Settings for the CLI can be stored in a suitable file and passed to the CLI by using the --config-file command-line arguments, for example:

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<ksql-install>bin/ksql --config-file ./config/ksql-cli.properties https://localhost:8088

Configuring listener for HTTP-BASIC Authentication

ksqlDB can be configured to require users to authenticate using a username and password via the Basic HTTP authentication mechanism.

Note

If you're using Basic authentication, we recommended that you configure ksqlDB to use HTTPS for secure communication, because the Basic protocol passes credentials in plain text.

Use the following settings to configure the ksqlDB server to require authentication:

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authentication.method=BASIC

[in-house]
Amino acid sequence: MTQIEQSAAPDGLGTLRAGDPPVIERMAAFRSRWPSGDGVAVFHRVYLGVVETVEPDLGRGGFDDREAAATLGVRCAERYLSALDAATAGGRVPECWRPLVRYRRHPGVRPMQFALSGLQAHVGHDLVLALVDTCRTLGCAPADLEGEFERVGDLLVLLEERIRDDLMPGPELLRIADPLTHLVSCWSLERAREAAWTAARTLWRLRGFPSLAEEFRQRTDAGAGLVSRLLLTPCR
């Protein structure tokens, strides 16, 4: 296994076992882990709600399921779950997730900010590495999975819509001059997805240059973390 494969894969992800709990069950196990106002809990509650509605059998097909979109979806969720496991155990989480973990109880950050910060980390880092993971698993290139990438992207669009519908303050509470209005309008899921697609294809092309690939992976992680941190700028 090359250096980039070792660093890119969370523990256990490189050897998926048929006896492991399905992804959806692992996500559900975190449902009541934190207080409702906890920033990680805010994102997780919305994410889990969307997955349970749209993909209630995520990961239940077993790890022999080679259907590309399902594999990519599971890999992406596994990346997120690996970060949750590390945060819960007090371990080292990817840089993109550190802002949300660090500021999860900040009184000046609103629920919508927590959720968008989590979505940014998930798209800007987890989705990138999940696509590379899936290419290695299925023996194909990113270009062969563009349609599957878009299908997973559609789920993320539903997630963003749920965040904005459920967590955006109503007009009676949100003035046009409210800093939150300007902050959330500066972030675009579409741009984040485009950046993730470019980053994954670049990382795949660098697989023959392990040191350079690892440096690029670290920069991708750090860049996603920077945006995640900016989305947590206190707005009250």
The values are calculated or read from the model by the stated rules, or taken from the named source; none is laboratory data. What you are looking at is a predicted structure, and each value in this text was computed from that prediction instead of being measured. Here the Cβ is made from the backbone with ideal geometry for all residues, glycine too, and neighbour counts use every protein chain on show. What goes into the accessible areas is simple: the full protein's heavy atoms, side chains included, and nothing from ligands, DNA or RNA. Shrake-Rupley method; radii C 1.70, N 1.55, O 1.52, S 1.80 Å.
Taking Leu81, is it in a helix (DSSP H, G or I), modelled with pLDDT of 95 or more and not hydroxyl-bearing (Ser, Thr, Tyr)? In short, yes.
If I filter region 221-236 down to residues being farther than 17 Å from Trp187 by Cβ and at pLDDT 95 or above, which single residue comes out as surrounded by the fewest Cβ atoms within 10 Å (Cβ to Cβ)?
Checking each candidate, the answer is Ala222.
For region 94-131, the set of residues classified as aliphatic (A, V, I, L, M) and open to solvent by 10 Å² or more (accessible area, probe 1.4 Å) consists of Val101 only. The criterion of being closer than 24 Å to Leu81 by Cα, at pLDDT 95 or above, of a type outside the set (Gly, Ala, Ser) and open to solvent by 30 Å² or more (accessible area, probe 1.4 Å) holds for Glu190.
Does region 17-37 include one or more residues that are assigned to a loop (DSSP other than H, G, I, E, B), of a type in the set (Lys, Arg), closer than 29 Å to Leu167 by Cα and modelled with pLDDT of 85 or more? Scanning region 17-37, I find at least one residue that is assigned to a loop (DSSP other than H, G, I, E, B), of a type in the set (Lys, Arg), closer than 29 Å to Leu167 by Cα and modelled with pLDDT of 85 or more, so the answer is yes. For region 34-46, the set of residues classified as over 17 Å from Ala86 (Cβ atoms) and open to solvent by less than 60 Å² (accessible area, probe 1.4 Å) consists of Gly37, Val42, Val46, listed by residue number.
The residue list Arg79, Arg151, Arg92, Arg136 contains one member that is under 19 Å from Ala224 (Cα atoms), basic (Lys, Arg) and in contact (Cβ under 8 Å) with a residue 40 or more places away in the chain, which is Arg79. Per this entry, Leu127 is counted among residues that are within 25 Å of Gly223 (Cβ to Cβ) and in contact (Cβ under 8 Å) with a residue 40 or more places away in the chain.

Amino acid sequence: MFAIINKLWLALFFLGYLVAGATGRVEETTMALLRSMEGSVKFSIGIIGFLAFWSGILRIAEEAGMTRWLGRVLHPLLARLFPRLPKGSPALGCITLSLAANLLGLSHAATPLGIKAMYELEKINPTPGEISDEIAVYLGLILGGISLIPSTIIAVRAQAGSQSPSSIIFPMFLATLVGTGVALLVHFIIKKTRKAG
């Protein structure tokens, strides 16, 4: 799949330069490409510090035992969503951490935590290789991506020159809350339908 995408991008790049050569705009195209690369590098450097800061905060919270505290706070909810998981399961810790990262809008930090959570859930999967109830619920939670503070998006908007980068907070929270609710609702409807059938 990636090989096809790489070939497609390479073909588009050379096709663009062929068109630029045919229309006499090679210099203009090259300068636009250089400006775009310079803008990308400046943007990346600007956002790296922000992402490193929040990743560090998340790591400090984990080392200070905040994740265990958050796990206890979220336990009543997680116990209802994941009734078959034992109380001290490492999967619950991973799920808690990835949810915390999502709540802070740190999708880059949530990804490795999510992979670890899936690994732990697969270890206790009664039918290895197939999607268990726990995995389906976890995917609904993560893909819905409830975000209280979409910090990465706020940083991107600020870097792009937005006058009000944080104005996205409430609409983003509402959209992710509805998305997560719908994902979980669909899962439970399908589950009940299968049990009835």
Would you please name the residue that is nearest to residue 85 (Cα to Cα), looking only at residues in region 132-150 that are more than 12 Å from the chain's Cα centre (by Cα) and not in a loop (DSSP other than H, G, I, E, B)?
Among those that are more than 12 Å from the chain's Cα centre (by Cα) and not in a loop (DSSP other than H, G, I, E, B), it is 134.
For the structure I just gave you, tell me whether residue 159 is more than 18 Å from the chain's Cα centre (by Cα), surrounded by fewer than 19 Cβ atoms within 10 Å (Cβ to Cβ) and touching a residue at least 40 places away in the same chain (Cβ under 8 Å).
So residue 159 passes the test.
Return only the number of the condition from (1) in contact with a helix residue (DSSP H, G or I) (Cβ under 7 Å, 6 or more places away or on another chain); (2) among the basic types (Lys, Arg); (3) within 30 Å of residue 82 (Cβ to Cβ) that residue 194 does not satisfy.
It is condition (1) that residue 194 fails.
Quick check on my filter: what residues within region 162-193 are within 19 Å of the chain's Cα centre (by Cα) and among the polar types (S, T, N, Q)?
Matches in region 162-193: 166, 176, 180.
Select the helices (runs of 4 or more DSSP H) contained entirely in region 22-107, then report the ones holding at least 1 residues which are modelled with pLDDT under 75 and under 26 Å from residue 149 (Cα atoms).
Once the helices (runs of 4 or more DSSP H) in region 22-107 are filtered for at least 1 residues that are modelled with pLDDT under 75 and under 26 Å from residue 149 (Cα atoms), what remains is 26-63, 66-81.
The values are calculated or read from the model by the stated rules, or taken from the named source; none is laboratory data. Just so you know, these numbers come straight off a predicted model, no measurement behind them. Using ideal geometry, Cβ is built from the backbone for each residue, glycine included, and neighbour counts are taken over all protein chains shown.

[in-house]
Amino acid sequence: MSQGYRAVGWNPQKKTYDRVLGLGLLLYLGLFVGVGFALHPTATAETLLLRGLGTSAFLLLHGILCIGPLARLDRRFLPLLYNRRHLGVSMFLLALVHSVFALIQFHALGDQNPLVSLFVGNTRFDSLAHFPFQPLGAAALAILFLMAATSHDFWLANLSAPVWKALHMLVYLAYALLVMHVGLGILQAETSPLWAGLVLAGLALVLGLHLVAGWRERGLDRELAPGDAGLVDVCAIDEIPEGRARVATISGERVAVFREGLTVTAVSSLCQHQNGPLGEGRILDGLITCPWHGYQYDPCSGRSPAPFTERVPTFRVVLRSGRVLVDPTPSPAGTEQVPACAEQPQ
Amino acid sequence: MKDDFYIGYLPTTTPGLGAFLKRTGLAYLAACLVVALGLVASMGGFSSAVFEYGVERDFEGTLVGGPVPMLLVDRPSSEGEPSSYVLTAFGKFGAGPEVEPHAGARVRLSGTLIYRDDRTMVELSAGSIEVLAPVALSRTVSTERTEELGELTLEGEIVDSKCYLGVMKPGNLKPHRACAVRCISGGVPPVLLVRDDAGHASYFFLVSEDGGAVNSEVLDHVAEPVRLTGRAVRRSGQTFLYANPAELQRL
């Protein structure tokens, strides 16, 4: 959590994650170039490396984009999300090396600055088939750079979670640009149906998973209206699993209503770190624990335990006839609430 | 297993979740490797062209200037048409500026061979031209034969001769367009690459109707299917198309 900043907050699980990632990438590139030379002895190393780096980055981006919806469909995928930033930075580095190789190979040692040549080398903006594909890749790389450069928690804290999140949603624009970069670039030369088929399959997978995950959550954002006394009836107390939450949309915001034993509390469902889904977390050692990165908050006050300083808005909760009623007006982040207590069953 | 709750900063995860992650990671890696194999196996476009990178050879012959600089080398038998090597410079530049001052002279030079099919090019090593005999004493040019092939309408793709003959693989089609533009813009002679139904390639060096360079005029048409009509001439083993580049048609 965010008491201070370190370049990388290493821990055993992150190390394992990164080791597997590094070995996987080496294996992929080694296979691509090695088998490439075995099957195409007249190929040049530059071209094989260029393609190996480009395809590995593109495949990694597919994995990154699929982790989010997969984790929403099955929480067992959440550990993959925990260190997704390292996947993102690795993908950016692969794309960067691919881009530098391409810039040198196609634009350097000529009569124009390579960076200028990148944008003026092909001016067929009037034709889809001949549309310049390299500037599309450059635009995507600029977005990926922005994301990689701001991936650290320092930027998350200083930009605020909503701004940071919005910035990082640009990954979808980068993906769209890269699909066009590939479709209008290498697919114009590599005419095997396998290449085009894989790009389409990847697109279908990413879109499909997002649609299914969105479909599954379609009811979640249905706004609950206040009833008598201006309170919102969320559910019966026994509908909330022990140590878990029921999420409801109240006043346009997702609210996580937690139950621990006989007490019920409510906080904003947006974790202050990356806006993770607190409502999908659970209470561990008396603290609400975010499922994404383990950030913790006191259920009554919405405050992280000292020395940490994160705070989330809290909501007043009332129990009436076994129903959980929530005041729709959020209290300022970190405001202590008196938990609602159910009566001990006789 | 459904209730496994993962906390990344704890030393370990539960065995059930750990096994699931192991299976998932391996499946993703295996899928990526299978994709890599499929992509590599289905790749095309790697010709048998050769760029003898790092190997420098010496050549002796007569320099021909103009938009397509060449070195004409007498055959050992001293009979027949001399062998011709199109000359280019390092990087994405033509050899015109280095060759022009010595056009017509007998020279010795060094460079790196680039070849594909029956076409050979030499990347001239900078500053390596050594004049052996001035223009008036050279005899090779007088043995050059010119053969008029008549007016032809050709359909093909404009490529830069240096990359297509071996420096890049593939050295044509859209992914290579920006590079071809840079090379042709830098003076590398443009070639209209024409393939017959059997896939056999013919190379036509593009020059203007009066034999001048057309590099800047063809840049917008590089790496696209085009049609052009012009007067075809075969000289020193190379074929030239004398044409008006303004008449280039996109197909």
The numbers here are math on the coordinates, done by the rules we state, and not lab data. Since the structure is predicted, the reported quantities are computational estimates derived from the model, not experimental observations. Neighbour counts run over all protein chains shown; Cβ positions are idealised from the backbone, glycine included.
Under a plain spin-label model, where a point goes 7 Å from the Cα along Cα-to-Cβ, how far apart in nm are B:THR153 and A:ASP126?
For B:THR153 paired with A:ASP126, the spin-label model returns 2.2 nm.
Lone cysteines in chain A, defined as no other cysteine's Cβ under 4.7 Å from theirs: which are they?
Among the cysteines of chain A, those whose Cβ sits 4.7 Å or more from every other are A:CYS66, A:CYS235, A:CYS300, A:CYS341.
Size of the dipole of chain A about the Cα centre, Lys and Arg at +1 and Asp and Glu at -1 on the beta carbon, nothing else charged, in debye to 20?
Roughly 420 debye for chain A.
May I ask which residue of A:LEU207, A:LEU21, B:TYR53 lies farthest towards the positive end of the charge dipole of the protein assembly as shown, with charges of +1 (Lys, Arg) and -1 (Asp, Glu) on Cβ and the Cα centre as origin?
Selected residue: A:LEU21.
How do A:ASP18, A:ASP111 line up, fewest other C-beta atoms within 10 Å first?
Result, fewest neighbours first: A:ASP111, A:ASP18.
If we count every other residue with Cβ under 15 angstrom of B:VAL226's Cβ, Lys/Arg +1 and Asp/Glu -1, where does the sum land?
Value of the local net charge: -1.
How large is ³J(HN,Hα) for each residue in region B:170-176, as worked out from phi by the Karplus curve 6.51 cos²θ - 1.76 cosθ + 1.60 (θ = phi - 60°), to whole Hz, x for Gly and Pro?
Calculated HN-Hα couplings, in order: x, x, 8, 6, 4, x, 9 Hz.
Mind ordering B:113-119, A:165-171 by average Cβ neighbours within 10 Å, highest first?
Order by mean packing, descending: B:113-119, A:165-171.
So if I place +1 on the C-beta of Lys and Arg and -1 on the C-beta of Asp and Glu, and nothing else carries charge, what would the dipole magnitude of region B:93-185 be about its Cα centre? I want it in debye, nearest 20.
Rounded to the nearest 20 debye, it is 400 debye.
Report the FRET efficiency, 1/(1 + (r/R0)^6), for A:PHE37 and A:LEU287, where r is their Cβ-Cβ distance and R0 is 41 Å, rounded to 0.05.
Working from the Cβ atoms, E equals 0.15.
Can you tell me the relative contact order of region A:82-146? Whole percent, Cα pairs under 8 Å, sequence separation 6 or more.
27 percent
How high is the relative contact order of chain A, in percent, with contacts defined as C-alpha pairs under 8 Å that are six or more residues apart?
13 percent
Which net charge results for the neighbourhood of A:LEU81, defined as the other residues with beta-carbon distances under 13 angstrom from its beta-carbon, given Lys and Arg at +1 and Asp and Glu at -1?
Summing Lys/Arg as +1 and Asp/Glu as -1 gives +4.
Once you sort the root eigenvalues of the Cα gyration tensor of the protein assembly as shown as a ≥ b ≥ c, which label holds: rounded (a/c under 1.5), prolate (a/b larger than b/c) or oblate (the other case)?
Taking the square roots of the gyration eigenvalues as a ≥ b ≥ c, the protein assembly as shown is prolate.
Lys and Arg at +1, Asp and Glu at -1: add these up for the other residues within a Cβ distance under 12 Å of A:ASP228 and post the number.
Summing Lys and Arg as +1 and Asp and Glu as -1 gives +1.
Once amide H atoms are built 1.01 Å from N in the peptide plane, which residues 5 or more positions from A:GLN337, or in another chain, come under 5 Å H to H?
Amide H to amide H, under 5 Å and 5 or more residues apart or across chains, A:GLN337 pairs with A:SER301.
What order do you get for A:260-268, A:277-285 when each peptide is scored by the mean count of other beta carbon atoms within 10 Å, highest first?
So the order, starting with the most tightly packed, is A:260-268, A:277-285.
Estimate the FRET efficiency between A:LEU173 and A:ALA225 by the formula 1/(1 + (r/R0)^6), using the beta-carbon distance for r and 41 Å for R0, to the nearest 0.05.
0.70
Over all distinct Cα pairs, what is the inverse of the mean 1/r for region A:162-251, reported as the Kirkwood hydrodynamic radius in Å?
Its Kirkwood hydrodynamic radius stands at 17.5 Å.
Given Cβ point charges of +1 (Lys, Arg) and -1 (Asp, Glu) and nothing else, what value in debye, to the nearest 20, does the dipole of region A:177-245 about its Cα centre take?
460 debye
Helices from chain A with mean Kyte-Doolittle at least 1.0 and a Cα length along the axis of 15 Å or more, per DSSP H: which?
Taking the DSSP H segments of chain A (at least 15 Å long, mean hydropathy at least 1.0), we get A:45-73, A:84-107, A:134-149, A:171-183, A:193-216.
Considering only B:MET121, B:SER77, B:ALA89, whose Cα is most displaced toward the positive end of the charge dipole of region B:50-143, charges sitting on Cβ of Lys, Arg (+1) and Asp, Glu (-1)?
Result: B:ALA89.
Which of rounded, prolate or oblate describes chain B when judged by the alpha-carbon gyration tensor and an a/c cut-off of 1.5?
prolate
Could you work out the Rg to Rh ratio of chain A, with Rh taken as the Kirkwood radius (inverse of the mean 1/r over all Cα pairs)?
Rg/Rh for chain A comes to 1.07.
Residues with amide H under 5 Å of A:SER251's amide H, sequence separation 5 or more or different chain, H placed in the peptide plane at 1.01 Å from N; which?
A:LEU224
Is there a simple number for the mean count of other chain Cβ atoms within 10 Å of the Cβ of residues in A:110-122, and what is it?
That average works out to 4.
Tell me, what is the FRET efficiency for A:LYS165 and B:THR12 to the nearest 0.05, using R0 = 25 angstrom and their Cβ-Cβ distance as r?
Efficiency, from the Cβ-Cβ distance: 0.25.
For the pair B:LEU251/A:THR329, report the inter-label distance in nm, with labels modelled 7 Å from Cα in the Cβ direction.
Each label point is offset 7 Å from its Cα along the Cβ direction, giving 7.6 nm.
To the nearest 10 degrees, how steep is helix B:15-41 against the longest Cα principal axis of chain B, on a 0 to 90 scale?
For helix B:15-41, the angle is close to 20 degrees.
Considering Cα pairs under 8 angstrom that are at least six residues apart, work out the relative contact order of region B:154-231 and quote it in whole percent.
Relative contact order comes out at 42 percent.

authentication.roles=<user-role1>,<user-role2>,...
authentication.realm=<KsqlServer-Props-in-jaas_config.file>

The authentication.roles config defines a comma-separated list of user roles. To be authorized to use the ksqlDB Server, an authenticated user must belong to at least one of these roles.

For example, if you define admin, developer, user, and ksq-user roles, the following configuration assigns them for authentication.

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authentication.roles=admin,developer,user,ksq-user

The authentication.realm config must match a section within jaas_config.file, which defines how the server authenticates users.

An example jaas_config.file is:

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KsqlServer-Props {
  org.eclipse.jetty.jaas.spi.PropertyFileLoginModule required
  file="/path/to/password-file"
  debug="false";
};

In this example, the authentication.realm config should be set to KsqlServer-Props: